Today the folks at Google have been given the official final OK by the European Union to purchase Motorola Mobility. This unconditional regulatory approval will allow Google to purchase the handset maker for a total of $12.5 billion USD, the EU noting though that they would be monitoring the company and rivals' use of Motorola patents to ensure they all comply with their antitrust rules galore. This deal was originally announced this past August and still needs U.S. Justice Department approval before it can be finalized.
This merger comes without concern from the EU on whether it will present any competition issues, but the idea that Motorola was purchased for its patents is alive in the minds of more than just Google. EU Competition Commissioner Joaquin Almunia spoke on the matter in a set of statements. Almunia said he was worried that Google and other firms involved may raise a series of legal disputes over intellectual property rights. Almunia spoke thusly:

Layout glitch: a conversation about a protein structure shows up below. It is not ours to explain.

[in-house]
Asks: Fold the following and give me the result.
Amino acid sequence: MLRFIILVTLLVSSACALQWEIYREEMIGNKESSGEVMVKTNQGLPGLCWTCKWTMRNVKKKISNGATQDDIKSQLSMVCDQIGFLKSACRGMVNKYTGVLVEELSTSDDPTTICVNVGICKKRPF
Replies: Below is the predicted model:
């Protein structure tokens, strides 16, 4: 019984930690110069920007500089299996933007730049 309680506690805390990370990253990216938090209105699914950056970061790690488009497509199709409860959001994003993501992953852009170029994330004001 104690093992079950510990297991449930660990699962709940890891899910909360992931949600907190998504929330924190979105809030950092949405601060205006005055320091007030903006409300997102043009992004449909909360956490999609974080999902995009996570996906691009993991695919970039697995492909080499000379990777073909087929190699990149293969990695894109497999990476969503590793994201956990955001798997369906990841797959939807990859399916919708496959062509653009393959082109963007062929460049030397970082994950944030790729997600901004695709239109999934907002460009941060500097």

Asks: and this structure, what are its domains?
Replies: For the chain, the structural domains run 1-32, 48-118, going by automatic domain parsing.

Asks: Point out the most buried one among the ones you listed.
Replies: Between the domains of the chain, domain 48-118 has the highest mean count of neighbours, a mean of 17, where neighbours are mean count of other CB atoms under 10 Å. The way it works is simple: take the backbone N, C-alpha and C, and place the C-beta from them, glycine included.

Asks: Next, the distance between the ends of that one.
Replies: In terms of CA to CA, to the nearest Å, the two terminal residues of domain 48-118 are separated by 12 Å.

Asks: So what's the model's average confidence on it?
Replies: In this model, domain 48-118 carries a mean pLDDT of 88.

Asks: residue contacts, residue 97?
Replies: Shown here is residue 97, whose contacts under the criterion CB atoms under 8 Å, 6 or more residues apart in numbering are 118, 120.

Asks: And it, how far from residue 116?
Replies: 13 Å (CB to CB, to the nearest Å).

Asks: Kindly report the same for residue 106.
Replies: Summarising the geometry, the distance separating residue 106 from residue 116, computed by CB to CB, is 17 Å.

"We have approved the acquisition... because upon careful examination, this transaction does not itself raise competition issues. This merger decision should not and will not mean that we are not concerned by the possibility that, once Google is the owner of this portfolio, Google can abuse these patents, linking some patents with its Android devices. This is our worry. We might be obliged to open some cases in the future. This is not enough to block the merger but we will be vigilant." - Almunia
In addition to U.S. Justice Department approval, the companies also need approval from Chinese regulators. March 20th should be the date when all of this is finalized, if sources speaking with Reuters are to be believed. Google will use Motorola's 17,000 patents and 7,500 pending patent applications to defend themselves against the incoming wave of litigation cases coming from rivals like Microsoft and Apple. The war rages on!